Bing Searches More Accurate Than Google's, Study Finds

Microsoft's search engine Bing, and even Yahoo, are providing users with more accurate searches than their rival Google, according to a report out this week.

Bing and Yahoo, which is now using Microsoft's Bing search technology, had the highest search success rates last month, reported Experian Hitwise , an Internet monitoring firm. More than 81% of searches on their sites led users to visit a Web site.

However, Google , the dominant player in the search market, wasn't as successful with its January searches.

According to Experian Hitwise, Google had a 65% success rate.

Google did not respond to a request for a reaction to the study.

"In my business and personal searching, I feel like I'm seeing less on-point results and more garbage, even on pretty specific queries," said Dan Olds, an analyst with The Gabriel Consulting Group. "Search success is a big deal for both advertisers and users. This same study also pointed out a significant increase in multi-word, more complex searches. To me, this means that users are looking for more specific results."

Olds said the search engine that delivers the most accurate results will win over users in the long run. That's good news for Microsoft , which has been chasing Google from a long distance ever since Bing was released.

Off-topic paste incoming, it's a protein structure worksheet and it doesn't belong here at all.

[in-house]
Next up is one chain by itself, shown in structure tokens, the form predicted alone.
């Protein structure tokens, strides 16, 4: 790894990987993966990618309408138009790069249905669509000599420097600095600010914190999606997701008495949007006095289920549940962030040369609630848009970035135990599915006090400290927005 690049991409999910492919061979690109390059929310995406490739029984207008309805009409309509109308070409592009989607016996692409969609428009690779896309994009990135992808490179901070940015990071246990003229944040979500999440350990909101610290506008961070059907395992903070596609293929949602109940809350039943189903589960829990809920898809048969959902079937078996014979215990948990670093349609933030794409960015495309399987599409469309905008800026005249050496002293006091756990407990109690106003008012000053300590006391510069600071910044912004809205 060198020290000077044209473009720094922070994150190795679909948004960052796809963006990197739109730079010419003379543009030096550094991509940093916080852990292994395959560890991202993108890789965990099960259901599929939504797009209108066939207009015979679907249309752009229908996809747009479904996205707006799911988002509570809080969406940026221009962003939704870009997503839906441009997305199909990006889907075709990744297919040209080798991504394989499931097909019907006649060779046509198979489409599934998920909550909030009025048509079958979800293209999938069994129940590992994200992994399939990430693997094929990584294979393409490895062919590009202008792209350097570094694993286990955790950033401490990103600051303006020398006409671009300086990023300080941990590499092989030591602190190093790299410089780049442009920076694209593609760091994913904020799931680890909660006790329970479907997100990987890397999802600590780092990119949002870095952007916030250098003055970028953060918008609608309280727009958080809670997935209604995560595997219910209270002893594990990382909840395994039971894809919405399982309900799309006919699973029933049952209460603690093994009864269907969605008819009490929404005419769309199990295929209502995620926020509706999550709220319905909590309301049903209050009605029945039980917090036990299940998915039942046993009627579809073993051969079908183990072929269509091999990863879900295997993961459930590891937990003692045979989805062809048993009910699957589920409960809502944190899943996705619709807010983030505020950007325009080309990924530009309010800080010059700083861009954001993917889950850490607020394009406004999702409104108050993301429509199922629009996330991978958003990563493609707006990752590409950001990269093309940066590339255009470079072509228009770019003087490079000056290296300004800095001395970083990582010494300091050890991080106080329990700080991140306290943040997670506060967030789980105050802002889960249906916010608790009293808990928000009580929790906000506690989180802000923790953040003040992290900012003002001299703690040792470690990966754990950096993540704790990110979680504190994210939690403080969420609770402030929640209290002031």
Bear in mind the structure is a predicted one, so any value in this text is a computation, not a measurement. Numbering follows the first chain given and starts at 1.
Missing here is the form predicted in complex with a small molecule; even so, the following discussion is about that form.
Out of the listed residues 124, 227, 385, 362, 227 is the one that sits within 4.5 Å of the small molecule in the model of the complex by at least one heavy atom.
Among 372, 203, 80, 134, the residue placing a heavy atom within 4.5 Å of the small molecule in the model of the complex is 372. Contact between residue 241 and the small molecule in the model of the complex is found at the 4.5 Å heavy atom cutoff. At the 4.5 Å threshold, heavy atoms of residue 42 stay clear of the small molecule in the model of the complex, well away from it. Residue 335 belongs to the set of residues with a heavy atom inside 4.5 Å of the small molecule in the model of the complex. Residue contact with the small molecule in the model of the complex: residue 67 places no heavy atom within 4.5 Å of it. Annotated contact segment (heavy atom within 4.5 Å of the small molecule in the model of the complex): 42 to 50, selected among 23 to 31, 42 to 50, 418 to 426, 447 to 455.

Even if Google's results haven't been as accurate, it's still the highly dominant search engine in the market.

Experian Hitwise also reported that Google accounted for 67.95% of all U.S. searches in January. Bing-powered searches, which encompasses Bing and Yahoo , accounted for 27.44%. Yahoo alone came in at 14.62%, while Bing had 12.81%.

"If the inaccurate searches are a trend and not an isolated result, then this does point to the need for Google to improve on its search success," Olds said. "In the short term, it gives Microsoft a great angle they can use to tout Bing vs. Google to advertisers."

Sharon Gaudin covers the Internet and Web 2.0, emerging technologies, and desktop and laptop chips for Computerworld. Follow Sharon on Twitter at @sgaudin or subscribe to Sharon's RSS feed . Her e-mail address is sgaudin@computerworld.com .

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